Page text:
The chart below shows the stocking rate in animals per thousand acres as a function of land area for HMAs in Oregon. Stocking rates are based on the upper values of the AMLs (mostly horses, a few burros and mules).
Three observations from the chart:
- Most of the stocking rates are smaller than 2.5 animals per thousand acres
- Stocking rates vary inversely with HMA size
- Stocking rates are more-or-less constant for HMAs larger than 250,000 acres
The Cold Springs HMA has the largest stocking rate.
The largest HMA is Coyote Lake / Alvord Tule Springs, the smallest is Hog Creek.
The average stocking rate for the state is 0.97 animals per thousand acres (1031 acres per animal).
The Kiger and Riddle Mountain HMAs, which produce the popular dun-factor horses, have stocking rates of 2.3 and 2.0 animals per thousand acres, respectively. The next gather of these animals will probably be in the third quarter of 2019.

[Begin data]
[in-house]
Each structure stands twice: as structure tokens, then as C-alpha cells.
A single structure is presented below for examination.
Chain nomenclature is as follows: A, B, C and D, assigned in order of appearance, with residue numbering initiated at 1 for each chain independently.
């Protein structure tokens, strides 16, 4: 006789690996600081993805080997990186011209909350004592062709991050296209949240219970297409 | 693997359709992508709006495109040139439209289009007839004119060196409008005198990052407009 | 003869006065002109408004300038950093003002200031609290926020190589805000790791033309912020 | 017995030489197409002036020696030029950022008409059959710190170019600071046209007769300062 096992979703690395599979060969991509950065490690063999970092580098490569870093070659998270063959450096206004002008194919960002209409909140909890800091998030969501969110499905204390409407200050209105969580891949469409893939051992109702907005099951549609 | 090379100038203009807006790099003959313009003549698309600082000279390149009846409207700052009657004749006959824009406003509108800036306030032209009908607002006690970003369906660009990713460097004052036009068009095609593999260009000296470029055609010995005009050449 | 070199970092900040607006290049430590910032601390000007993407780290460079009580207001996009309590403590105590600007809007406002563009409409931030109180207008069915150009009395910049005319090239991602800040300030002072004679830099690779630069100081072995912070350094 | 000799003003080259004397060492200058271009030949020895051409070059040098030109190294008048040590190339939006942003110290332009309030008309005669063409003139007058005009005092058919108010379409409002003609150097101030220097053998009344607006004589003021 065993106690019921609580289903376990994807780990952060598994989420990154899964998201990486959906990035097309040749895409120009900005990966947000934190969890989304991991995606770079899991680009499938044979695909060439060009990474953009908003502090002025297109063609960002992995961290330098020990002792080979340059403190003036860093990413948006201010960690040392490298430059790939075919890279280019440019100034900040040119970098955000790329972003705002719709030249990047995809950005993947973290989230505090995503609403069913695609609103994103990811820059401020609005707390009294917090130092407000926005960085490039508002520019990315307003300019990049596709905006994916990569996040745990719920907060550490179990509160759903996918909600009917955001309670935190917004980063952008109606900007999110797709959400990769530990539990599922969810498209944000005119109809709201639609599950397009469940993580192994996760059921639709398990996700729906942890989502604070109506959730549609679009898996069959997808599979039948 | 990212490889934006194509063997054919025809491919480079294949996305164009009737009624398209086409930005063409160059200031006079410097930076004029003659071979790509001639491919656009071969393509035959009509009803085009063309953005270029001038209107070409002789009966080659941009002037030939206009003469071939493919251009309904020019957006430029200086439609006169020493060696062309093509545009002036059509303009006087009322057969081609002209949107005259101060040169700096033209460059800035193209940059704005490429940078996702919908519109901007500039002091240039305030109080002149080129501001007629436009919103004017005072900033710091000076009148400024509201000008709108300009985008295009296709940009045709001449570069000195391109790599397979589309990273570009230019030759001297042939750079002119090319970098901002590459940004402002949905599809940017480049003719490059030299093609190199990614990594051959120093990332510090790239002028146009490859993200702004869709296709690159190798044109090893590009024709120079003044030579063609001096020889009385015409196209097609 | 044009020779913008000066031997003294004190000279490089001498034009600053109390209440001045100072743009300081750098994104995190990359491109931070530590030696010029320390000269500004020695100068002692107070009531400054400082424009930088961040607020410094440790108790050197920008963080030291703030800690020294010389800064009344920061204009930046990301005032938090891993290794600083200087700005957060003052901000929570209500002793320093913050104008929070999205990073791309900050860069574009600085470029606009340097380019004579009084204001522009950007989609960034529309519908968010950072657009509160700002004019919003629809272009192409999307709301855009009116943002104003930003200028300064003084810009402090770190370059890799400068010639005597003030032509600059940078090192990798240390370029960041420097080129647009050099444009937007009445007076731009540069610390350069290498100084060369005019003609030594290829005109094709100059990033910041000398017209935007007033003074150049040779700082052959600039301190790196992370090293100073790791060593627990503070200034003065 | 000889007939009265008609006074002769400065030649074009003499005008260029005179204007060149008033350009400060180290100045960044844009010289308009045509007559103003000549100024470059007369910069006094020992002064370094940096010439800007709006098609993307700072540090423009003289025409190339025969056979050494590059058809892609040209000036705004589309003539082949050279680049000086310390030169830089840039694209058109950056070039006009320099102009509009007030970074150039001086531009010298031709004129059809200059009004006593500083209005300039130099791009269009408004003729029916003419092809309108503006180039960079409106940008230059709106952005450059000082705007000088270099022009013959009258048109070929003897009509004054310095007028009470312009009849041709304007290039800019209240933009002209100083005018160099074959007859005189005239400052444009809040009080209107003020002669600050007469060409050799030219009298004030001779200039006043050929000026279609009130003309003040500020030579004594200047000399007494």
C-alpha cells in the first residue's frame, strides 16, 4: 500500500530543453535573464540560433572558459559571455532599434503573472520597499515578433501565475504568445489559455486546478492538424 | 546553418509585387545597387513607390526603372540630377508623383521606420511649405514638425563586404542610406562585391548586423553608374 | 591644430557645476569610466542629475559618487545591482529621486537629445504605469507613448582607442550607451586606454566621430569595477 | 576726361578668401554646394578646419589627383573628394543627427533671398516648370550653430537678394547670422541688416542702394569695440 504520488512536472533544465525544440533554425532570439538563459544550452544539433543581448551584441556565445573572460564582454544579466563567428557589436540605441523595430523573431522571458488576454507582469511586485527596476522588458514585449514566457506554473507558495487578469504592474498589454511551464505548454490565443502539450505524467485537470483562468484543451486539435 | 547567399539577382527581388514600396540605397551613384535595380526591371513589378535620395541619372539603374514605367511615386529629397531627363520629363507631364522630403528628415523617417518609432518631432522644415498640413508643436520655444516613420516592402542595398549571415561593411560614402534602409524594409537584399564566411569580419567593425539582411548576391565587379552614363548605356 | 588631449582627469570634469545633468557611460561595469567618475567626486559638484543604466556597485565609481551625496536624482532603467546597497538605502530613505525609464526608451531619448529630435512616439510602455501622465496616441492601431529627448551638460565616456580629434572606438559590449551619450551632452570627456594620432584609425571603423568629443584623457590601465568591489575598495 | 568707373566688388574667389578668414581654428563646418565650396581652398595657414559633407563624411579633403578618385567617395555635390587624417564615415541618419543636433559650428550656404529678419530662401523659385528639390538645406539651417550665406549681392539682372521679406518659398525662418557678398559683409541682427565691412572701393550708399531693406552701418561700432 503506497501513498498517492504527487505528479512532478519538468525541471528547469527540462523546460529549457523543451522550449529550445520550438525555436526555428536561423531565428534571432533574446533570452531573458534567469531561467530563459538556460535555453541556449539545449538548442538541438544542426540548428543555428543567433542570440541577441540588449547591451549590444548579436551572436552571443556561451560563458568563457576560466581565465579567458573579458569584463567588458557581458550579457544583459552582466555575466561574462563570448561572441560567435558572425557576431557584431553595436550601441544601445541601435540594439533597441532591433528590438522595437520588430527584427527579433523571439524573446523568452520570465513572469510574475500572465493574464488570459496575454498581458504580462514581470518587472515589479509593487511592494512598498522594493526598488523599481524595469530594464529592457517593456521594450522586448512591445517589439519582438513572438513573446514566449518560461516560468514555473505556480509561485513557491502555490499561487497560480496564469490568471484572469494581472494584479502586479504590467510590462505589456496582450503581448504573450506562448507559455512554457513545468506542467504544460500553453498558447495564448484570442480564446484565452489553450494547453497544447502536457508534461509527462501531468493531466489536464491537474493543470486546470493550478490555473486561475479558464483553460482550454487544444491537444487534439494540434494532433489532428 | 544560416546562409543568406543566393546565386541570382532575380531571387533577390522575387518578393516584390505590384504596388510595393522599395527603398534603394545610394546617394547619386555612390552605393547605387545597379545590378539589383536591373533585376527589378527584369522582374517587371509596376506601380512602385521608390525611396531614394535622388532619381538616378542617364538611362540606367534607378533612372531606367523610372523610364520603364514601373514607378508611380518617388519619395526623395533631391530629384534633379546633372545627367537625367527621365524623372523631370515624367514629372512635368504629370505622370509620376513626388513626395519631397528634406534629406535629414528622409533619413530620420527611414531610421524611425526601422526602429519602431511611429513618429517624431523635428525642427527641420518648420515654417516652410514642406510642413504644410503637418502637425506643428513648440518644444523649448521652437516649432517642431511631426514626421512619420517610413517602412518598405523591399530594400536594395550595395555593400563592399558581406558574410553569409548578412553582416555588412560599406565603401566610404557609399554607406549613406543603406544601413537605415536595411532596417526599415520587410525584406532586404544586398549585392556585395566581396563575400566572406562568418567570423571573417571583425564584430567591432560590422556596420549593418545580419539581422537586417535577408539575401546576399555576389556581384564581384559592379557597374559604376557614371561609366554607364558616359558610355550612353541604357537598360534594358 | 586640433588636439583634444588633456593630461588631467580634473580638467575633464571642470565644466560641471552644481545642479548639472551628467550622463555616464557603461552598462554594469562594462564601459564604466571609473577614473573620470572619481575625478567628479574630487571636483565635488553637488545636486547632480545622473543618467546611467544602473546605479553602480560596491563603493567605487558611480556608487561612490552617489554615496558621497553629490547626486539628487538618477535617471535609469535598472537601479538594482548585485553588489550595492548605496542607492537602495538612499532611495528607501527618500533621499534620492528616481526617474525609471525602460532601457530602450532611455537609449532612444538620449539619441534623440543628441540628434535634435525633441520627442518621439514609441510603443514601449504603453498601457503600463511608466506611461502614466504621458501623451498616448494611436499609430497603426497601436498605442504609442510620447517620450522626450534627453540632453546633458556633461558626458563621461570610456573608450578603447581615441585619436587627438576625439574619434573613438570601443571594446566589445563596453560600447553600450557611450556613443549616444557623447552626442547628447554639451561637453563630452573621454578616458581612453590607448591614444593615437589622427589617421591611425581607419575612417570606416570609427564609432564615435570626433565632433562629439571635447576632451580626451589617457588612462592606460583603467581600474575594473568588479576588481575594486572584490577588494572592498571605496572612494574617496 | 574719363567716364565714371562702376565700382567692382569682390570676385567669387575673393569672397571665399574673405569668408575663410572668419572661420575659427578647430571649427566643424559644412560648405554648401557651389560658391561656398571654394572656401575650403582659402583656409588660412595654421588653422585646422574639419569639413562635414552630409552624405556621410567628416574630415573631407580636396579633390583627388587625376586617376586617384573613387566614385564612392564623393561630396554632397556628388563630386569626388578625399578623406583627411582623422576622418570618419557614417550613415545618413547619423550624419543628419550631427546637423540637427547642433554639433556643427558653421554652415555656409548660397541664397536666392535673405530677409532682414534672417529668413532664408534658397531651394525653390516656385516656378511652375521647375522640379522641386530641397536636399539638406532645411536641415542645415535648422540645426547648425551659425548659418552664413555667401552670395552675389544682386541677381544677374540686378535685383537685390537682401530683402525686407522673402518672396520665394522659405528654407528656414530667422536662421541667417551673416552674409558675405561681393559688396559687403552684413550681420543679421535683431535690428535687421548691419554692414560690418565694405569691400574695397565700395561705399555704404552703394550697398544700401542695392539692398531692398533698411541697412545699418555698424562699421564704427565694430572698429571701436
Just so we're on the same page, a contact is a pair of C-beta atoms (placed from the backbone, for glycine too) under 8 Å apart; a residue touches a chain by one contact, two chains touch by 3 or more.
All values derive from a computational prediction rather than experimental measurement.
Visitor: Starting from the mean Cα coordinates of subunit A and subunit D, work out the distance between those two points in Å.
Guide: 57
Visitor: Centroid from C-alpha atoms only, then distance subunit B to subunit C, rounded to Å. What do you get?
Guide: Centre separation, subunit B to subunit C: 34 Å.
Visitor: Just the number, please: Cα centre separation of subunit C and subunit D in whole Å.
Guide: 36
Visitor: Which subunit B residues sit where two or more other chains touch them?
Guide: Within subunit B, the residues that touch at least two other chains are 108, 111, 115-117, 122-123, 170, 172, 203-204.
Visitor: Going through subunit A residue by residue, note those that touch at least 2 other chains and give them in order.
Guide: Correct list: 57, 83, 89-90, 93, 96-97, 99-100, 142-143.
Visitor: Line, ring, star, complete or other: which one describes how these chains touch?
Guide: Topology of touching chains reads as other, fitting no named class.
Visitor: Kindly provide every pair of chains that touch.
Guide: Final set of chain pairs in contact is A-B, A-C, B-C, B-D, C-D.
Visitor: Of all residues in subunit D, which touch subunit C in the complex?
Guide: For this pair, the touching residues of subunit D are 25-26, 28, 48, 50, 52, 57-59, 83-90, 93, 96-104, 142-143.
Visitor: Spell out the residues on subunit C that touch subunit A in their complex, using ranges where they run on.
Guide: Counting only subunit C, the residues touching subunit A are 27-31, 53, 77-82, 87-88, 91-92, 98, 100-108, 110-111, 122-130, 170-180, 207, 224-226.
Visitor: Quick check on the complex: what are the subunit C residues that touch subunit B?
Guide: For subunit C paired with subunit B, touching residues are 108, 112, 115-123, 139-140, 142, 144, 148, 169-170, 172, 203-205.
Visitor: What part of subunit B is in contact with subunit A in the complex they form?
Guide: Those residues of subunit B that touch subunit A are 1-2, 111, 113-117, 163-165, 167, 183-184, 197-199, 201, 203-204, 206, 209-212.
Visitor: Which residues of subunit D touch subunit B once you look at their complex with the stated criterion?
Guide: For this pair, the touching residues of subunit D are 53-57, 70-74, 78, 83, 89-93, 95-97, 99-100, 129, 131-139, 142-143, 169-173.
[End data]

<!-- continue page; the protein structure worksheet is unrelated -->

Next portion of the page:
Given that the HMAs are fairly close to each other in the southeastern corner of the state, if a smaller parcel can sustain two or more animals per thousand acres, why can’t the larger ones?
The Beaty’s Butte HMA, one of the largest in the state, has a population density of just 0.57 animals per thousand acres. Could it be the government serfs who run cattle on public rangelands put pressure on the BLM to reduce the number of horses in the area? The same ranchers who pushed for the Beaty’s Butte Wild Horse Training Facility?